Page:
If I am not mistaken, a tree is any graph that does not contain cycles.

However, I am currently taking a bioinformatics course where we deal a lot with algorithms on phylogenetic trees. Usually you are given a phylogenetic tree with $n$ leafs, and then you run some algorithm that can do something trivial like simple traversing of the tree, and then you get a $O(n)$ time bound, without saying anything about the number of internal nodes.

However given a regular tree with $n$ leafs, the total number of internal nodes can be infinite.

For example the following is a tree with one leaf (two if you consider it to be rooted) and infinite number of internal nodes:

enter image description here

So what are phylogenetic trees that you can express the running time of various algorithms in terms of the number of leafs, even though your algorithm actually traverses the entire phylogenetic tree?

  • $\begingroup$ I don't know that there's a difference with a name, beyond that phylogenetic trees are rooted. The term comes from outside of CS and describes the semantics, mostly, not the class of trees. (afaik) $\endgroup$ – Raphael Nov 11 '15 at 14:20
  • $\begingroup$ but rooted trees with $n$ leafs can also have infinite amount of internal nodes right? So what exactly makes phylogenetic trees not have that problem? $\endgroup$ – ksm001 Nov 11 '15 at 14:27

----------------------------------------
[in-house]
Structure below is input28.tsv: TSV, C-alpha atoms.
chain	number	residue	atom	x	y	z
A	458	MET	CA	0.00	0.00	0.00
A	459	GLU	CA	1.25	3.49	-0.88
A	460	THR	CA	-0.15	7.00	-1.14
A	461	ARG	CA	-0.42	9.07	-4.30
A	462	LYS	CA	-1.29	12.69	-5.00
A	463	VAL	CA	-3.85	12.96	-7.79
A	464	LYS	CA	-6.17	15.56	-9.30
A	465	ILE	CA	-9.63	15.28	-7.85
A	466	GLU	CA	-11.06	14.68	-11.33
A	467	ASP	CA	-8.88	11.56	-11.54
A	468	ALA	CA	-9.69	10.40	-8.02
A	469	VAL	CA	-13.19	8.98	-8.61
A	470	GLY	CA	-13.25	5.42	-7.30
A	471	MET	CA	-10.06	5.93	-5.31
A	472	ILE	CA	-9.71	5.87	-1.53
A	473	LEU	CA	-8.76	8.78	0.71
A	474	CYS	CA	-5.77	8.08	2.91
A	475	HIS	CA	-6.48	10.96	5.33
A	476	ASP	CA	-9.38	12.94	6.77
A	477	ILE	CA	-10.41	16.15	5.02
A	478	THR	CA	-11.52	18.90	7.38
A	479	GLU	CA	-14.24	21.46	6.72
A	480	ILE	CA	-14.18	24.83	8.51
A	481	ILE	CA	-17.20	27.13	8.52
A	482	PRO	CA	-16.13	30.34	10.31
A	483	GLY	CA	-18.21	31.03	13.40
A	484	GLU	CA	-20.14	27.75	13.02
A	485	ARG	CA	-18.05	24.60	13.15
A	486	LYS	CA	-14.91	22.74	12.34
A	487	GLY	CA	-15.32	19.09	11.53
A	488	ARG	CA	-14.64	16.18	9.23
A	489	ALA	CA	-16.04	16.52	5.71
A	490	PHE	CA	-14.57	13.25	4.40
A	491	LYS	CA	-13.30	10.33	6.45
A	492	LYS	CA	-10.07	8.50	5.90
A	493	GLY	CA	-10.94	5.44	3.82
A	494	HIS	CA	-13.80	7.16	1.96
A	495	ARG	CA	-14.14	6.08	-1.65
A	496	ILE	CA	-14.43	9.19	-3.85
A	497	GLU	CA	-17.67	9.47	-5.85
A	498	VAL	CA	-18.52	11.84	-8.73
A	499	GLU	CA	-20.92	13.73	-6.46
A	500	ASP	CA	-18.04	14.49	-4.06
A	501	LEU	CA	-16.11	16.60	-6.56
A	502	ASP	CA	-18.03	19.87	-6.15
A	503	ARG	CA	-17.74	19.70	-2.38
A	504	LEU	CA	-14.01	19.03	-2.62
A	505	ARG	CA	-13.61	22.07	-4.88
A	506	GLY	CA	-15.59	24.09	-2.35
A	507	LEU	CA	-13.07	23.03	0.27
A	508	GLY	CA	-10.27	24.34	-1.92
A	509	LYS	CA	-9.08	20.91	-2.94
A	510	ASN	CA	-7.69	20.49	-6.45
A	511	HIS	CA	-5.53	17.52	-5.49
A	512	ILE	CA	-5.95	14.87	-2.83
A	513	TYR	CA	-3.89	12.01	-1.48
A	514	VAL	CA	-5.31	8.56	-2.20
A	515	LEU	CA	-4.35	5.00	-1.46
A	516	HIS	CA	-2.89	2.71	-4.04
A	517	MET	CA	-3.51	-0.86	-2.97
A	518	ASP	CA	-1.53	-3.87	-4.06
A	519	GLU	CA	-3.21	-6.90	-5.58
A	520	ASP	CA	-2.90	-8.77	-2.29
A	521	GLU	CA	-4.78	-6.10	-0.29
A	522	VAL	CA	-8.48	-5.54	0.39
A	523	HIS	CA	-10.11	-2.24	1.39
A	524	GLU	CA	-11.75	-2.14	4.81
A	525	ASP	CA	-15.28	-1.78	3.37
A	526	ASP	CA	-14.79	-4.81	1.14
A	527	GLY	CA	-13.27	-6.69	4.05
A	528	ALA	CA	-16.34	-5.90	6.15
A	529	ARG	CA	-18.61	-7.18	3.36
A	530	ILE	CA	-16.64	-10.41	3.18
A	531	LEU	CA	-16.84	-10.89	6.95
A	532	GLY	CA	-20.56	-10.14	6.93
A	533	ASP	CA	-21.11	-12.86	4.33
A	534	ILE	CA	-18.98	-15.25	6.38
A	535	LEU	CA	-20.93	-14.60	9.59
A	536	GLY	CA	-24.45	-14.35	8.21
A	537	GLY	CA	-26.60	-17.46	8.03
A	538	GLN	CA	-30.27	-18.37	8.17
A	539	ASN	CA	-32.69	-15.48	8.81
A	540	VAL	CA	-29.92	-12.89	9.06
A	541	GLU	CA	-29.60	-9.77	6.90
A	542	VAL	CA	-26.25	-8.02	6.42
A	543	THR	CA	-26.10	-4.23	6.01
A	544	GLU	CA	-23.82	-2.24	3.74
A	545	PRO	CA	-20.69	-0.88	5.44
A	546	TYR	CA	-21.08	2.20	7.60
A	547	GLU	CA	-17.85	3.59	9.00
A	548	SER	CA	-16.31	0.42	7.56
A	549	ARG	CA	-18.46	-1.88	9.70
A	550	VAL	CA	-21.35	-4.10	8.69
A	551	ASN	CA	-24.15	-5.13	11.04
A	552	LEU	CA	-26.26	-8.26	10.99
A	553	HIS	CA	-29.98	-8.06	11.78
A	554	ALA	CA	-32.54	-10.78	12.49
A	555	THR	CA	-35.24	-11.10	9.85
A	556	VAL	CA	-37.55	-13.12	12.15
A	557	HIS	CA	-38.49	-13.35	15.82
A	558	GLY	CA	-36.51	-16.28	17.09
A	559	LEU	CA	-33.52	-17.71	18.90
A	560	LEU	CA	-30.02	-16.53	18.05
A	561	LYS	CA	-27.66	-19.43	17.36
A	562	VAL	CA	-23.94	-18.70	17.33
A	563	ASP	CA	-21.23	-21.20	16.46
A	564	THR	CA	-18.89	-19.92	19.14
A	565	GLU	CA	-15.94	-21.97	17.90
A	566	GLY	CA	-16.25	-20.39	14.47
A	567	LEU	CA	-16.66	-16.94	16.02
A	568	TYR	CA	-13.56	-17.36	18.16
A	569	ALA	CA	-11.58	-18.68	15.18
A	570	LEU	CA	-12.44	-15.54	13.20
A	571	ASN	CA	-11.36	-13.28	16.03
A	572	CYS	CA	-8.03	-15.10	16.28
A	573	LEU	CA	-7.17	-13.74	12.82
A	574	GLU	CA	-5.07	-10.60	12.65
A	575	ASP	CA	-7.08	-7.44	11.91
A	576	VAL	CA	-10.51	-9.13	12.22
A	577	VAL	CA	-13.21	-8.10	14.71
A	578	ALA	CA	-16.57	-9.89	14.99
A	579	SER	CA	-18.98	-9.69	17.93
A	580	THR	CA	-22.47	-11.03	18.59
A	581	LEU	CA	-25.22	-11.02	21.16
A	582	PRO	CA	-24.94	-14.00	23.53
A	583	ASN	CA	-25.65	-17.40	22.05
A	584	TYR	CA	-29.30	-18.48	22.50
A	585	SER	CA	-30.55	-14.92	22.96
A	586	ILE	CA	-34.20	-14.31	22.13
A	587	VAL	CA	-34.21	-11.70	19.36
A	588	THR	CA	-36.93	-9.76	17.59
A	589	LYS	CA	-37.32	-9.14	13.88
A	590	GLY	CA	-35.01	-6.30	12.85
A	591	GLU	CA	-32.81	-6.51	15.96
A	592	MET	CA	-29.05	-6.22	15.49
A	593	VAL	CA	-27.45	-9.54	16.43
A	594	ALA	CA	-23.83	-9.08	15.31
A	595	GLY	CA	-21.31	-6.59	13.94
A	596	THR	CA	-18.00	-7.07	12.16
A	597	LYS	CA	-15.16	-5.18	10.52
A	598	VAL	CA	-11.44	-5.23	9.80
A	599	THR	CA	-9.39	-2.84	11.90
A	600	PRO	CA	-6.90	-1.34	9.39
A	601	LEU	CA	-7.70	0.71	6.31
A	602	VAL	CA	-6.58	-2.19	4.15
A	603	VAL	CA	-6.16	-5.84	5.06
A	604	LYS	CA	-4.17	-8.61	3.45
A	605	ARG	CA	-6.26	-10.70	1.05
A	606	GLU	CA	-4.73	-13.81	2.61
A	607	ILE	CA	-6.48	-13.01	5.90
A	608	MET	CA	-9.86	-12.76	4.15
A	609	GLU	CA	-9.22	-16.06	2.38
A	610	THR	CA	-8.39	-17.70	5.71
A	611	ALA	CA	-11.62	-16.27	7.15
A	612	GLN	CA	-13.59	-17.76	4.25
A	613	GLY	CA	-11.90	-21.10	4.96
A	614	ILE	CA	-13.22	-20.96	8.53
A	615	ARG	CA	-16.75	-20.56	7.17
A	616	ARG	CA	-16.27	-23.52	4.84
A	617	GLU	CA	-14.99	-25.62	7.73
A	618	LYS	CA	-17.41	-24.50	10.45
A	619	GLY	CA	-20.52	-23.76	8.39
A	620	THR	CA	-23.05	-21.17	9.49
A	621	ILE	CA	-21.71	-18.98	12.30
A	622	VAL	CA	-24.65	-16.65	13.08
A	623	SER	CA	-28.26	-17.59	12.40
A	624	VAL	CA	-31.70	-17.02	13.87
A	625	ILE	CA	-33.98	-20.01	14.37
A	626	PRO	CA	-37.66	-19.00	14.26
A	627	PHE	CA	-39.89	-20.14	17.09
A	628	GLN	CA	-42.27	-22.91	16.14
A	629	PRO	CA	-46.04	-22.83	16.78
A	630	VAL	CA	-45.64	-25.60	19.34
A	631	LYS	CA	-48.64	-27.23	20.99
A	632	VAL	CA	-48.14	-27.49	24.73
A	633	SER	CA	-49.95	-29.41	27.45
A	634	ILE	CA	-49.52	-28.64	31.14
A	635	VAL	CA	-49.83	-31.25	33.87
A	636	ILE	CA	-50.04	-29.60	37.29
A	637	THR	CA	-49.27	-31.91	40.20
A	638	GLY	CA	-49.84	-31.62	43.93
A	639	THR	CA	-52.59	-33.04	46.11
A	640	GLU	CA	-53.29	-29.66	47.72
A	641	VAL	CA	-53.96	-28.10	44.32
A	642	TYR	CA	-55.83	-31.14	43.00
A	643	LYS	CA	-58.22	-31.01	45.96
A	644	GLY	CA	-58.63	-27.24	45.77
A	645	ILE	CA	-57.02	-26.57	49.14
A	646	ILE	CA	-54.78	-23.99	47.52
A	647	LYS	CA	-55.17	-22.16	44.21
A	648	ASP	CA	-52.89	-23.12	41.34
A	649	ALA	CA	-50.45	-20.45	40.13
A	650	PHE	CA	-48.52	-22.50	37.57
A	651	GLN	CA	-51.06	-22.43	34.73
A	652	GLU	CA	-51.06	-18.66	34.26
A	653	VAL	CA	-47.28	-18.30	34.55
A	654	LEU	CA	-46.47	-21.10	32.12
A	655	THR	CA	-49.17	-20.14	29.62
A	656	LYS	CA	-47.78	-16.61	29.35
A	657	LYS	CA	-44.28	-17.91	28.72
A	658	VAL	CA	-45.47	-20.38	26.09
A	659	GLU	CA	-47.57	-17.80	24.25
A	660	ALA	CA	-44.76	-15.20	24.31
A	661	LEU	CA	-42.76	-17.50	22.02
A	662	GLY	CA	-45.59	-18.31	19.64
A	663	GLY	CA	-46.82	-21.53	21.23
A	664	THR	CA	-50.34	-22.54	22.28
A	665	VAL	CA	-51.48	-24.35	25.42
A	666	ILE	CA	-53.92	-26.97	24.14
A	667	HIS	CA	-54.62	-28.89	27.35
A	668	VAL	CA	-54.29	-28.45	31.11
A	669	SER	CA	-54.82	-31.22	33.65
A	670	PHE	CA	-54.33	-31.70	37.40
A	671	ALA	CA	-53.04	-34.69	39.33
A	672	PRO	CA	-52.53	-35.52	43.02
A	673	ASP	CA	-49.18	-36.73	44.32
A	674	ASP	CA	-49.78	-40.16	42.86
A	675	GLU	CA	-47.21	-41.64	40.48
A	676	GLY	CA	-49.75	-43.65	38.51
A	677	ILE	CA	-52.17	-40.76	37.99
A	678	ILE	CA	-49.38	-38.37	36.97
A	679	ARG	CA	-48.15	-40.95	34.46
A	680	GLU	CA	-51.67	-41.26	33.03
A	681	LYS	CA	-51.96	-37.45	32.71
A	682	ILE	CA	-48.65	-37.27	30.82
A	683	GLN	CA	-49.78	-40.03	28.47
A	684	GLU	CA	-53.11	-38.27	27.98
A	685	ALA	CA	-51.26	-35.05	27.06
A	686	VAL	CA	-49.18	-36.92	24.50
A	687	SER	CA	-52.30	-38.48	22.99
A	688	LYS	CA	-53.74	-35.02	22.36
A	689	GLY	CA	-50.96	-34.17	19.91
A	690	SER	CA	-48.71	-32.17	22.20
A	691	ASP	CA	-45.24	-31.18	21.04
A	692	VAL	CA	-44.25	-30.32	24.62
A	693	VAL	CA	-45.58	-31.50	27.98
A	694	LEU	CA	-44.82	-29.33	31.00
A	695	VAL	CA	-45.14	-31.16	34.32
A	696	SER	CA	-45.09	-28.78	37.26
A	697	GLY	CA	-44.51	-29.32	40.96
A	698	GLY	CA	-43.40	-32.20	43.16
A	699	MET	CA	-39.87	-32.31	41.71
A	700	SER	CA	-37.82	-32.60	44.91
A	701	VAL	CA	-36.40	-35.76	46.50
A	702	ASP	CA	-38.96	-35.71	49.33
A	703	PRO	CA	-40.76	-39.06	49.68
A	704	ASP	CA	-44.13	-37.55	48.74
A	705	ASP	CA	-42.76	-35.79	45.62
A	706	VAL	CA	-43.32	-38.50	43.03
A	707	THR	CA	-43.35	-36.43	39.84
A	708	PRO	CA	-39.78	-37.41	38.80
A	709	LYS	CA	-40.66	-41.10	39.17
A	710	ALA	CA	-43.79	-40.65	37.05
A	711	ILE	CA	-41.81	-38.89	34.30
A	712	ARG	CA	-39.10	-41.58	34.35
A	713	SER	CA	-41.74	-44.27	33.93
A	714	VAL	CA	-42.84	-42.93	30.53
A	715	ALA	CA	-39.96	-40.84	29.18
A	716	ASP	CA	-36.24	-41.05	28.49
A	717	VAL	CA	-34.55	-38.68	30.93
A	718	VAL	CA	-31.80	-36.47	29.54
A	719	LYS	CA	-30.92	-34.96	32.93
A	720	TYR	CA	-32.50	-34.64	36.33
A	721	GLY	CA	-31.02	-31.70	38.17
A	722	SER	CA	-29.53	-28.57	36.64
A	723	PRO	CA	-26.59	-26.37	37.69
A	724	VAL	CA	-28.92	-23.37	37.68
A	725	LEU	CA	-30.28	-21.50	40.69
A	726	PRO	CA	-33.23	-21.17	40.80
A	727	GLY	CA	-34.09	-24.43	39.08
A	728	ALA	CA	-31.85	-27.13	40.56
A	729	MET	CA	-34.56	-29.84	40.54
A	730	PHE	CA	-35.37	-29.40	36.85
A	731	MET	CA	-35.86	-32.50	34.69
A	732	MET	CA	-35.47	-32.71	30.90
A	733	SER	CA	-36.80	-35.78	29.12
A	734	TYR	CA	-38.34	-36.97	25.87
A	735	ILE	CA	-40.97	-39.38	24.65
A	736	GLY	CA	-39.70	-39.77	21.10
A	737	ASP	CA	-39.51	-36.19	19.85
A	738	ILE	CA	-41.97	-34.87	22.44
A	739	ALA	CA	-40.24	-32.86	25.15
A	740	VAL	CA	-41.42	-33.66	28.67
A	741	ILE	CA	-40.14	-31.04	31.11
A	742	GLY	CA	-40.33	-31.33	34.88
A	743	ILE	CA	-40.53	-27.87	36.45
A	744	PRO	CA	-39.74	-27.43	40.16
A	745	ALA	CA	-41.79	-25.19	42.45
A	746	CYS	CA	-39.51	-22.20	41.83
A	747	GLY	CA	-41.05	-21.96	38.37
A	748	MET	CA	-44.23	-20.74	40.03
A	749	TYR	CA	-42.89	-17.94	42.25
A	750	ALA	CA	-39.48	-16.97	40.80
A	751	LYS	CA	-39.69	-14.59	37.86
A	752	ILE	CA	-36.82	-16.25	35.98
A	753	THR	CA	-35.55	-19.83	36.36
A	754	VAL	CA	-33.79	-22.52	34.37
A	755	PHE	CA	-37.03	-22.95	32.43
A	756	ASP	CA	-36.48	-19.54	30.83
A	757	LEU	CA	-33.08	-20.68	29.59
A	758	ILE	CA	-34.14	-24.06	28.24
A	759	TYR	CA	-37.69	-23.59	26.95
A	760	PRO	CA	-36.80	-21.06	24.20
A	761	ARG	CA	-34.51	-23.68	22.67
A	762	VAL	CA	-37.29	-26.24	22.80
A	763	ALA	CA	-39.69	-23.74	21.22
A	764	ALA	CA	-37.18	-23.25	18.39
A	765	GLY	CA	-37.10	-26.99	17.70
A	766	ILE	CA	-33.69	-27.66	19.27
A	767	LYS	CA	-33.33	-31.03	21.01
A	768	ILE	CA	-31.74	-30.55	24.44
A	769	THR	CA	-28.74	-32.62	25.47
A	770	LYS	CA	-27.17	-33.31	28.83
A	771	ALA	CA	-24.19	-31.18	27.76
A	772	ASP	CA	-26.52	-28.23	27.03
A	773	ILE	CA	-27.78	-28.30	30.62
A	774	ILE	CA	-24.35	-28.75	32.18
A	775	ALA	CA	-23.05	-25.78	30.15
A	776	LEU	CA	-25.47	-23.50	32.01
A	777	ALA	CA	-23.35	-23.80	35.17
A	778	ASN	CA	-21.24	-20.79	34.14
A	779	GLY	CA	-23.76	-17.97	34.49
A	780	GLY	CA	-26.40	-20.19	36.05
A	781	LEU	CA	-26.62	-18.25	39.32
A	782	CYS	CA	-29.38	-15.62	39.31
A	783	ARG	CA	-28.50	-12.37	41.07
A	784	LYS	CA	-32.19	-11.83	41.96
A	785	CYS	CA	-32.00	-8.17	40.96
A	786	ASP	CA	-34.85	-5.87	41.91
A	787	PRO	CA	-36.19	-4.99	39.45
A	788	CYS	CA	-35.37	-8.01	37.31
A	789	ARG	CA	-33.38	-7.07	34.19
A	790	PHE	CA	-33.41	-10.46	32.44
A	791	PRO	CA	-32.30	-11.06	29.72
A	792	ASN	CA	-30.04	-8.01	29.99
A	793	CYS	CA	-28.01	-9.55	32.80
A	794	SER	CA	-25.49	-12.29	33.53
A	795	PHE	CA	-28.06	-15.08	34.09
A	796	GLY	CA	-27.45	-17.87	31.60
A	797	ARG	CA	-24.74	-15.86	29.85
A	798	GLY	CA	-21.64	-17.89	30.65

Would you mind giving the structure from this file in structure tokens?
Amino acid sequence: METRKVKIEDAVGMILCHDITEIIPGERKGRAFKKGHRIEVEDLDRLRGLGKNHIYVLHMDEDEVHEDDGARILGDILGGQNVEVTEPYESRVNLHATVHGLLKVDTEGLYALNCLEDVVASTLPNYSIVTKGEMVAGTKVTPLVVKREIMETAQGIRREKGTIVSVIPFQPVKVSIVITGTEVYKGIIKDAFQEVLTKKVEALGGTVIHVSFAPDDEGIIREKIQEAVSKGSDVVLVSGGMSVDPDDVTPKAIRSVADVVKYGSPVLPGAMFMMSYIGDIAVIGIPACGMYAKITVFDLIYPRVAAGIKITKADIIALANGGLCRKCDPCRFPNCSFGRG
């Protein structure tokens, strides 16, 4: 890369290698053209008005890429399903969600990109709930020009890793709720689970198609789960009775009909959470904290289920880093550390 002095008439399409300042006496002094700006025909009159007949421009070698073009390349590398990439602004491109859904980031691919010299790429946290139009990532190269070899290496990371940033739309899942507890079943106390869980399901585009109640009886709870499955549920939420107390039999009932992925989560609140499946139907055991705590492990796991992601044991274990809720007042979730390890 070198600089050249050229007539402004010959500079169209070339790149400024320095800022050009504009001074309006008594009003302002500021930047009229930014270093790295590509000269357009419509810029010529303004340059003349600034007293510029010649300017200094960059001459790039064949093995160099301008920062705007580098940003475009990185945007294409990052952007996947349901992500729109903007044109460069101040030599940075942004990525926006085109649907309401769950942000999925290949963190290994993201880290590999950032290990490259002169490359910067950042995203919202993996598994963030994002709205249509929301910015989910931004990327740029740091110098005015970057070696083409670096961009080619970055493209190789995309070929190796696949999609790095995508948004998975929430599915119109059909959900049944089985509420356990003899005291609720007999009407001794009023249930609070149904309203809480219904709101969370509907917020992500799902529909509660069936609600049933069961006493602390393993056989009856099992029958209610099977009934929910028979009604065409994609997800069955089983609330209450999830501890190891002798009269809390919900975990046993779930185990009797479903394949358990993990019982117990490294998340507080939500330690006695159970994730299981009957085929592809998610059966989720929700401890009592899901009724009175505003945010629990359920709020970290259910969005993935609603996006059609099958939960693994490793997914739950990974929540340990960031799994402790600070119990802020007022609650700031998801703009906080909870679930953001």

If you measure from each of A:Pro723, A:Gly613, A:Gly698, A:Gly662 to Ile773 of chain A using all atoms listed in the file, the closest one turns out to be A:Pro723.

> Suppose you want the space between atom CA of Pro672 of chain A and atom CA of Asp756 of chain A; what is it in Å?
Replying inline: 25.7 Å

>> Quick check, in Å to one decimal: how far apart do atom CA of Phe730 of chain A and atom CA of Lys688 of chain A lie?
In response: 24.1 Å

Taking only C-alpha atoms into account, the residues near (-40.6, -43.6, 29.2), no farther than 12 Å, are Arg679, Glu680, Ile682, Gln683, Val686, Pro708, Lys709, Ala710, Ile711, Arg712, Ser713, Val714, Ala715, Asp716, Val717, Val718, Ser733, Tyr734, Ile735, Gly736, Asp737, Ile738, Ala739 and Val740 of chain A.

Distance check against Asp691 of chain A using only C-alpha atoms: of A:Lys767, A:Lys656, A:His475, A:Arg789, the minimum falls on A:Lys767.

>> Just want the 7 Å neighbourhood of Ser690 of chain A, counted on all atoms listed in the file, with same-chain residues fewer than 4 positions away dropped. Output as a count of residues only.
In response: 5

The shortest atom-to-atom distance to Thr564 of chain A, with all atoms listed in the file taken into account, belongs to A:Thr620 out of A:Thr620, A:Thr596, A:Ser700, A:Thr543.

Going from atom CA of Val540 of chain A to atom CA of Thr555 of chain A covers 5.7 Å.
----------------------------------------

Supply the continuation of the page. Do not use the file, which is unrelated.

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    $\begingroup$ No, they can not. Arbitrary, but not infinite. Anyway, you have not talked about the representation of the tree you use; it's easy to conceive such that enable you to traverse all the children without visiting the inner nodes. However, I guess that all inner nodes in a phylogenetic tree have at least two children (otherwise, there'd be no sense in having these nodes, right?) and then there are fewer inner nodes than leaves. $\endgroup$ – Raphael Nov 11 '15 at 15:06
  • $\begingroup$ Trees also have to be connected, by the way. $\endgroup$ – Yuval Filmus Nov 11 '15 at 17:42

Phylogenetic trees are usually "full binary trees", that is rooted trees in which every internal node has exactly two children. A full binary tree having $n$ leaves has exactly $2n-1$ nodes.

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    $\begingroup$ In a phylogenetic tree or evolutionary tree, the internal nodes are usually inferred ancestors, and therefore they have at least two children. That is the reason we can use the number of leaves as the problem size. $\endgroup$ – Bangye Nov 11 '15 at 21:42

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